A take on the proposed new MLB playoff format

In Major League Baseball, 10 teams currently make the playoffs with three division winners and two wild card teams in each league. Under a new proposal from MLB that came out this week, that number would jump to 14 teams.

Each league would have a top seed getting a first-round bye. The other six teams would play each in other in best-of-three series, all in one city. Teams seeded second and third would pick their opponents with the fourth seed playing the remaining team not selected.

The three surviving teams from that first round would join the top-seeded club and meet in best-of-five Division Series. The League Championship Series and World Series would remain best-of-seven.

Even though it appears this would not extend the postseason many days at all, there is some speculation this could eventually lead to a reduced regular season schedule. Maybe back to 154 games.

young-high-fives-alds.pngThere was speculation that a new regular season schedule would include a team playing all 29 other teams in both leagues. This would obviously lead to fewer games within the division.

For me, 14 teams making the postseason, or 47 percent, is simply too many. I always thought baseball could take some pride in that it was harder to make the postseason than other sports that included more teams. Now those days would be over.

This could also lead to under-.500 teams making the playoffs. I am no fan of that. In the American League in 2017, three teams would have tied for the sixth and seventh seeds as the Rays, Angels and Royals all had records of 80-82. Two of those three clubs would have made the playoffs. Heck, the Orioles finished in last place that year, going 75-87, and that would have them five games of the playoffs in 2017.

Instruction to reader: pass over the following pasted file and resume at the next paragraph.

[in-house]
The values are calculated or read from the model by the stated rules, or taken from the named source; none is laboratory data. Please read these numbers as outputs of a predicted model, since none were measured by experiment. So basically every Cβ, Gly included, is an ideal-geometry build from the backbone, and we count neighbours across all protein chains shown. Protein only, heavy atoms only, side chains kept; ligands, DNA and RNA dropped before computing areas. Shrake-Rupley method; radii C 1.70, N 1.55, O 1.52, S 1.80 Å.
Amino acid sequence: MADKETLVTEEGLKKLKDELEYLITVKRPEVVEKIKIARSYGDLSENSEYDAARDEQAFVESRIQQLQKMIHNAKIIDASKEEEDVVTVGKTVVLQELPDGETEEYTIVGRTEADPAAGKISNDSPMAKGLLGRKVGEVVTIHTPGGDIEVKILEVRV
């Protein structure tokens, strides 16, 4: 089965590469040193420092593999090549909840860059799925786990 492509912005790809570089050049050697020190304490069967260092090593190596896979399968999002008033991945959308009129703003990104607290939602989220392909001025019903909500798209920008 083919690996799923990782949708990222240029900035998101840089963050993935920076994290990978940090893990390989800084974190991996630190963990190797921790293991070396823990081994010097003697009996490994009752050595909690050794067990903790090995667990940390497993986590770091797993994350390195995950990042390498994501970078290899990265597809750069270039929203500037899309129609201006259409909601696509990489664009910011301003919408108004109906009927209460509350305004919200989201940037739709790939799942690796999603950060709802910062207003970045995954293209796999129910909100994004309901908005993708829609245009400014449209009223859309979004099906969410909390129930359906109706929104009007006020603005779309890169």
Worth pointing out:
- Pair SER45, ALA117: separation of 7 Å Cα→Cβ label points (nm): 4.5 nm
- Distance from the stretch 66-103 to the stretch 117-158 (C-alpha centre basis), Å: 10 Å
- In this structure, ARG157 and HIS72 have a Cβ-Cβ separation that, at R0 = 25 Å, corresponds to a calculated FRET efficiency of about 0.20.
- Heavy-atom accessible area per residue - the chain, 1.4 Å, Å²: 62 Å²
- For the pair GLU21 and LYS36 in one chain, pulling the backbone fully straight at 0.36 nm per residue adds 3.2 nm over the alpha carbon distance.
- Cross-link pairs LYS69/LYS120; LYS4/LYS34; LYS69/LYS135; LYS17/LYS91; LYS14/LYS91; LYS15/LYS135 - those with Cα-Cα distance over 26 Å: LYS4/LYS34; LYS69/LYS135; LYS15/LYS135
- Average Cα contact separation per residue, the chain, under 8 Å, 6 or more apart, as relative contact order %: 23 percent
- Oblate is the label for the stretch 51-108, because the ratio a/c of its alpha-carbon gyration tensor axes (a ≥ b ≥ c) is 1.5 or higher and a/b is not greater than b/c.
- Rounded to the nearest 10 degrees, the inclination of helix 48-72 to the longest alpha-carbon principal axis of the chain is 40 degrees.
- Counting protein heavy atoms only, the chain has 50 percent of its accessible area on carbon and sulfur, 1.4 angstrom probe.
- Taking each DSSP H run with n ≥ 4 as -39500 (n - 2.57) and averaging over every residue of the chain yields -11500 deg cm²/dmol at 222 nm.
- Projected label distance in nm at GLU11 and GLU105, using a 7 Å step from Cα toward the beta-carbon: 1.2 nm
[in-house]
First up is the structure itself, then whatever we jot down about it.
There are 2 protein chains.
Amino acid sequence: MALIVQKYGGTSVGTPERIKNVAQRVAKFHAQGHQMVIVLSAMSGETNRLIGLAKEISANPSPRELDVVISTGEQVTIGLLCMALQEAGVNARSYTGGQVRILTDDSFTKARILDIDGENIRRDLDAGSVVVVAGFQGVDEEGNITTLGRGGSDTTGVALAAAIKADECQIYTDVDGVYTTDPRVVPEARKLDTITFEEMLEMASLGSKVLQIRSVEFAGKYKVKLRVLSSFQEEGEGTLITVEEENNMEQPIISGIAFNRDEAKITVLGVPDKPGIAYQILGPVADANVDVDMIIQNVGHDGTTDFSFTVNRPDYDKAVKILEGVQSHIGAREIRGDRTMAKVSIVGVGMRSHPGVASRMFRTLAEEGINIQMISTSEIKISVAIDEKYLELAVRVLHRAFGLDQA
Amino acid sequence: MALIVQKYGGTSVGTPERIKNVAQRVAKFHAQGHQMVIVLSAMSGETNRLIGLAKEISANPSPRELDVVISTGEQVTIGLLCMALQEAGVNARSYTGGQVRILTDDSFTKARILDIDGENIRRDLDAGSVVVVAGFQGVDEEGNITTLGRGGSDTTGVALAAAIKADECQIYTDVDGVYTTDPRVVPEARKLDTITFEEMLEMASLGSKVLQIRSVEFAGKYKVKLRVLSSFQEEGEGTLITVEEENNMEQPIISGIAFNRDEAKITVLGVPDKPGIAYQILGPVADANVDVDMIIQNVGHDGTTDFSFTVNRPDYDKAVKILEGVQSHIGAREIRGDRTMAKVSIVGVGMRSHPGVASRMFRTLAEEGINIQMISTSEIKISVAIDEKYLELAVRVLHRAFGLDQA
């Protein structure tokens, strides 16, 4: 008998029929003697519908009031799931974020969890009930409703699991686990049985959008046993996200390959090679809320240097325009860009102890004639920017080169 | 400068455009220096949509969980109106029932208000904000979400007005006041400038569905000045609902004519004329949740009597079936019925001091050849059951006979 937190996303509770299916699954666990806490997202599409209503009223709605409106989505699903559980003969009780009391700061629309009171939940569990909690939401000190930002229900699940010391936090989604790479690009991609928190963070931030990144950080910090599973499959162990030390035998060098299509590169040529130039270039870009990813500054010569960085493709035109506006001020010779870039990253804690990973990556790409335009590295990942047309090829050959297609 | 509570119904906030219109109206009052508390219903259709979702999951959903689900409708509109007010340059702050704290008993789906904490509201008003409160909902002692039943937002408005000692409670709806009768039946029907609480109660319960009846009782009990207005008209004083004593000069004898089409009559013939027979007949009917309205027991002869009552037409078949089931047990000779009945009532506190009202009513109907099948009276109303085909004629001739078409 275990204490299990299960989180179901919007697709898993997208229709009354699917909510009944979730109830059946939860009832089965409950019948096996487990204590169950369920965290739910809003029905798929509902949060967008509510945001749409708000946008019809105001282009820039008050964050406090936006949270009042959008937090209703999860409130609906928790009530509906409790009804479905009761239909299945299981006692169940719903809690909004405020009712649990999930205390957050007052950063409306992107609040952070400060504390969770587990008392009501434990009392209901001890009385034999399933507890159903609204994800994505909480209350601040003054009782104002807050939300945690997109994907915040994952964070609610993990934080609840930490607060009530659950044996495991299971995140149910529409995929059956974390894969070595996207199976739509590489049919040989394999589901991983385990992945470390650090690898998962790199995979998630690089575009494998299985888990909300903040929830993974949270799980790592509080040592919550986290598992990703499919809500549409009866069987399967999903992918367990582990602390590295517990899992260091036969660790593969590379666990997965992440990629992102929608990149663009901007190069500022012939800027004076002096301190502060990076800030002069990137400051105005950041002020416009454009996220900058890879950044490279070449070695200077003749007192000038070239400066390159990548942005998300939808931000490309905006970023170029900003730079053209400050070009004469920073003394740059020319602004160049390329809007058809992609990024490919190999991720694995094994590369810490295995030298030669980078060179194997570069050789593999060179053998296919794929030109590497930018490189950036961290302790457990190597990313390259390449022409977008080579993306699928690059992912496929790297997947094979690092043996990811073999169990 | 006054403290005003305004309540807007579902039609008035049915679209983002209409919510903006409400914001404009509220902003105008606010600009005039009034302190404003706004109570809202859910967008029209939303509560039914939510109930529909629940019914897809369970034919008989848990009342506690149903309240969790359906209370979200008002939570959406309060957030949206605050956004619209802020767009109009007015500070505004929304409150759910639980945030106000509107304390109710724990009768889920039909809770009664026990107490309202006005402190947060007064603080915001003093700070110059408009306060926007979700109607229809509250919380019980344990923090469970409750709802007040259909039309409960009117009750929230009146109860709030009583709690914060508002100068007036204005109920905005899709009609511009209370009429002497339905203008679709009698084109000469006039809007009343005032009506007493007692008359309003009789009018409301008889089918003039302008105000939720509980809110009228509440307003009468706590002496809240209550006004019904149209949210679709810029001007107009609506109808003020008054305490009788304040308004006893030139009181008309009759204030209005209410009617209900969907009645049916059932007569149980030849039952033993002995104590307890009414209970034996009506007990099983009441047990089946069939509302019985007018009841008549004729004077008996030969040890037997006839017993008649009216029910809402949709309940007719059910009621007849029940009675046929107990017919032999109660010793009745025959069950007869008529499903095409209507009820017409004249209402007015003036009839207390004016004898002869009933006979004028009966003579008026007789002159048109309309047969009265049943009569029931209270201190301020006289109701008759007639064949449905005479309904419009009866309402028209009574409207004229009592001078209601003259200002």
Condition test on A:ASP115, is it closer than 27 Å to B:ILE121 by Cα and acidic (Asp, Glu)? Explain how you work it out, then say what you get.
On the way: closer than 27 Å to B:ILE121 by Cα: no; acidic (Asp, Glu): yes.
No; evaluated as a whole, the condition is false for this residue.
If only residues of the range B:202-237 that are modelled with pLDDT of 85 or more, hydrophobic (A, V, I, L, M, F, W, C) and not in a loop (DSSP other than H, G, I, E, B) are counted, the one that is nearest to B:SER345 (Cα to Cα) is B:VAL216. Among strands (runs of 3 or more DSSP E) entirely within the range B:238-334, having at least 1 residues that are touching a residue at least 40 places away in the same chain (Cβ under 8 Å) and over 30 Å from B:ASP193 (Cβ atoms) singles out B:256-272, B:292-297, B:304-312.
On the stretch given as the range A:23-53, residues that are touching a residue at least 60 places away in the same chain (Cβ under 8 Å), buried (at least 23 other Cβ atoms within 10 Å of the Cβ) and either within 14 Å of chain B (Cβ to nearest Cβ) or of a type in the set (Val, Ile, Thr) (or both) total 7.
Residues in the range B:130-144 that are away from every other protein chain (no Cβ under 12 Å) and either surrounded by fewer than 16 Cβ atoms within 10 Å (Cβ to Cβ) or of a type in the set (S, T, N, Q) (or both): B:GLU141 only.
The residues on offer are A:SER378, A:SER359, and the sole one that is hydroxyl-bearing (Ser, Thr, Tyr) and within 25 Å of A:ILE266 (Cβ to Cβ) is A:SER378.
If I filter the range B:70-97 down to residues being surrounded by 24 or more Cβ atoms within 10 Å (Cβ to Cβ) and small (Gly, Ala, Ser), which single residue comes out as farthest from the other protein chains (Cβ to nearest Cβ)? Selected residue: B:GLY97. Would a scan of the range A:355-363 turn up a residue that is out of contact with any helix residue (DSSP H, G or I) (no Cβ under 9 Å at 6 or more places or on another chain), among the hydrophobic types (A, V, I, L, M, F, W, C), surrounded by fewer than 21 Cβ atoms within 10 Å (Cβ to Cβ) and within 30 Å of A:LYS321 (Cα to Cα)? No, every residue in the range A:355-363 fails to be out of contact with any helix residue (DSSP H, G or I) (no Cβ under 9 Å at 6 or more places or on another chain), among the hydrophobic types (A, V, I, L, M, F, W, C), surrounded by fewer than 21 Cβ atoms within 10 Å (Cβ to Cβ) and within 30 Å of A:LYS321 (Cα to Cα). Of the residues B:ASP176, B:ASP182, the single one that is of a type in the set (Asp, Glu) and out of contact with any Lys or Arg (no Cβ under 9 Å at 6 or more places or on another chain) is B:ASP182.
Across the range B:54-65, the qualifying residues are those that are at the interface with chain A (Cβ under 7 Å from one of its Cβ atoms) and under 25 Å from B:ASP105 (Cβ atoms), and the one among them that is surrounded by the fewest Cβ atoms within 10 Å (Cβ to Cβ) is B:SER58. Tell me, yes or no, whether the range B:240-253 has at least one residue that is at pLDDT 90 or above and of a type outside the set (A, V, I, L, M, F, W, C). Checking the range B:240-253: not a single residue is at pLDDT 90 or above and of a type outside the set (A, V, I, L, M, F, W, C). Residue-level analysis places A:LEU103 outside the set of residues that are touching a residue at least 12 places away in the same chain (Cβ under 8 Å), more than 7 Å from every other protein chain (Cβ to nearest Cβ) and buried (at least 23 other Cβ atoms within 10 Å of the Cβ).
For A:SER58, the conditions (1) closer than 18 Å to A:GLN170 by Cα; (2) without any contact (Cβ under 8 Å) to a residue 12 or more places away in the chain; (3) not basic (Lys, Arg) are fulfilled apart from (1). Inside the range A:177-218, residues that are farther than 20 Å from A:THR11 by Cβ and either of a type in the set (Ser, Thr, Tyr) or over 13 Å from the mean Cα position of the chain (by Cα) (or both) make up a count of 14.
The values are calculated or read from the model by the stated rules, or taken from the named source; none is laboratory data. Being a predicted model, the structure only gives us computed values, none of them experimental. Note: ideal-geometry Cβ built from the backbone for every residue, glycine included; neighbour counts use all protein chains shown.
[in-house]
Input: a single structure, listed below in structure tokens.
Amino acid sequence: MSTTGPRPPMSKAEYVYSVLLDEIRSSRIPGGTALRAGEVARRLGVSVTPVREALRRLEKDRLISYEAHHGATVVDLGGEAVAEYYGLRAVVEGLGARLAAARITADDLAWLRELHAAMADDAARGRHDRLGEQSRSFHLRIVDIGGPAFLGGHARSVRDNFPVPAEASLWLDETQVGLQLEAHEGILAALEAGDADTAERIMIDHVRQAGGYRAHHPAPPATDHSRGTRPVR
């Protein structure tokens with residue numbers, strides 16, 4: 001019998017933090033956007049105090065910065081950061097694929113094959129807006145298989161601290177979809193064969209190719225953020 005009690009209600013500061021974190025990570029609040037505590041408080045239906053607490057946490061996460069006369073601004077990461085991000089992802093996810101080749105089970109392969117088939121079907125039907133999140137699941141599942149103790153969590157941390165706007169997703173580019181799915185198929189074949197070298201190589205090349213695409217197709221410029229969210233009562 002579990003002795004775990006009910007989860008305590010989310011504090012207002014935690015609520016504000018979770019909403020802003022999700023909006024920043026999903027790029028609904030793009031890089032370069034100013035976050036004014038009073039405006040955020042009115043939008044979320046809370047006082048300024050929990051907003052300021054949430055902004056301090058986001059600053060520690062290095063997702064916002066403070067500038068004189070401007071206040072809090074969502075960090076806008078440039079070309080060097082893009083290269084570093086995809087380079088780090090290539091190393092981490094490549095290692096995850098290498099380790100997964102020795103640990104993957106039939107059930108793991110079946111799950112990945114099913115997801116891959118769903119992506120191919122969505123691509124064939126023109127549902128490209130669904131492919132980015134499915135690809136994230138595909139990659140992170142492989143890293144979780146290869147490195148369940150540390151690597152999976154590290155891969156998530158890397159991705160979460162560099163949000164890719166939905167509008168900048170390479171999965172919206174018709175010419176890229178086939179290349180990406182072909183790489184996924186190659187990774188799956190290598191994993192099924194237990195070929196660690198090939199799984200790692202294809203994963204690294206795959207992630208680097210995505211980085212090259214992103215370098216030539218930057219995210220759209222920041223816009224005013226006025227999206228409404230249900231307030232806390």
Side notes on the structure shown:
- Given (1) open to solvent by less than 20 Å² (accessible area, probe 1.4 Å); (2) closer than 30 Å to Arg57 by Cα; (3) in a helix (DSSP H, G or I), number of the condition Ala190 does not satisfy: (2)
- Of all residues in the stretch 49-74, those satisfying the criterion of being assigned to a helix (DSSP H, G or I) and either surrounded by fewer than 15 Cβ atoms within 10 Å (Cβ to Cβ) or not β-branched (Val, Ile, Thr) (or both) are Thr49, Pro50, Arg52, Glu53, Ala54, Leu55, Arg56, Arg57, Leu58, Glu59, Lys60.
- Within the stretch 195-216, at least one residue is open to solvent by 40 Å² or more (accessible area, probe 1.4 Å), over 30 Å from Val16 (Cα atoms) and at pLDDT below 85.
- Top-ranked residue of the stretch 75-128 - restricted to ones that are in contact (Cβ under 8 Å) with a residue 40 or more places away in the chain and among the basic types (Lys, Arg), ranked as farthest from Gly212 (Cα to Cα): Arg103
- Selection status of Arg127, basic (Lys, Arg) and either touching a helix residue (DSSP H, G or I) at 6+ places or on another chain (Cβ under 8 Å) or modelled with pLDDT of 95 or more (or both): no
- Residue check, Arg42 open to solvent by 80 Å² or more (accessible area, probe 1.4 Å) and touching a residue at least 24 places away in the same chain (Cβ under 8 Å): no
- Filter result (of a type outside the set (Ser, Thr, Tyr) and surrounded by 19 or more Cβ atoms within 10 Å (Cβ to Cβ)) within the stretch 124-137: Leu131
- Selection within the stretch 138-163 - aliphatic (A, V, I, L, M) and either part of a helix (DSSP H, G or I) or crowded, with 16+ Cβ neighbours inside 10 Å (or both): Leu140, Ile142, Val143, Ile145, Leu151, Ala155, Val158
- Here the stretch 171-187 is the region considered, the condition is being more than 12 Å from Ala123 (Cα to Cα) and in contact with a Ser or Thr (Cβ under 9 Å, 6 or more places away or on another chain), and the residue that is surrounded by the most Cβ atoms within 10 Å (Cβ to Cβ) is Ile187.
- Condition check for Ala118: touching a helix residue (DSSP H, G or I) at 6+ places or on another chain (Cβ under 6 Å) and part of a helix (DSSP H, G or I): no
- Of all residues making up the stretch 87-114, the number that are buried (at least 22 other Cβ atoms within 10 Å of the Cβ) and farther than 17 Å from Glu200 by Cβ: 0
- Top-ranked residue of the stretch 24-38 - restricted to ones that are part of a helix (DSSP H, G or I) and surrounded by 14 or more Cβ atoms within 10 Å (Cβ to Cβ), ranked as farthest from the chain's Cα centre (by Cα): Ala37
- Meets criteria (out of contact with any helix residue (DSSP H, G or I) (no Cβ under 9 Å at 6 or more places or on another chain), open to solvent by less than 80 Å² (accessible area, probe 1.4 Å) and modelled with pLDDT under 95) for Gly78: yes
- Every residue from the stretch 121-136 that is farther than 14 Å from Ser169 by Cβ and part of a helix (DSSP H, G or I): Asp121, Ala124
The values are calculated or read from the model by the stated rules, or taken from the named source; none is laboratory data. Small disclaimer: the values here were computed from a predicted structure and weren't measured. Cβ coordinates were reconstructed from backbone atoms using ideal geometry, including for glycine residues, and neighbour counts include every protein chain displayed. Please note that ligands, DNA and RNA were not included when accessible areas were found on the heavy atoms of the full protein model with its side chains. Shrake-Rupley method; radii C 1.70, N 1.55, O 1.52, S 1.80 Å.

Sports Illustrated's Tom Verducci went back over the standings from 2012-2019 and found that the average number of wins for a seven seed would be 84. The lowest number of wins though he found for a team that would have made the playoffs in that span was 79. A team that was 79-83 would have gotten into the postseason.

Only four of 112 playoffs teams in that time frame would get in with a losing record, but that's four too many. MLB also proposes a playoff pairings show on live television to set the field. Are ratings and revenue that important that a one-hour show has to be scheduled once a year for this? Just how much revenue will be produced in an hour?

Proponents will say this will make for more teams in contention in August and September. It could lead to more late-season pennant race games. Fewer teams may choose to rebuild, now needing fewer wins to get in. More postseason games could mean more drama and will certainly mean more revenue.

MLB passed total revenues of $10 billion in 2017. Do we need really need to add six playoff teams to being in even more dollars?

Since this proposal came out. I went from completely against it to a bit more open upon learning more. But if I were asked to vote yes or no on it, I'm still a no.

Minor league note: There is still very little news and almost no one talking much on the record about the proposal to eliminate 42 minor league teams. Those clubs would lose their MLB affiliations. A team that was listed on the chopping block was the Single-A Frederick Keys, the O's affiliate in the Carolina League.

Seeing Frederick listed continues to surprise me. The Keys have a very stable franchise and consistently draw well at the gate. They seem more like a model franchise to me than one to potentially eliminate.

In various conversations in recent weeks, I've had others with knowledge of this tell me that MLB still very much wants to implement this plan. I've spoken with others that believe this just won't happen. I guess I'm a bit more optimistic that teams will not be cut than I was a few weeks back.

After all this is just a proposal, nothing has been decided and officials from MLB and Minor League Baseball still have plenty of months to negotiate.

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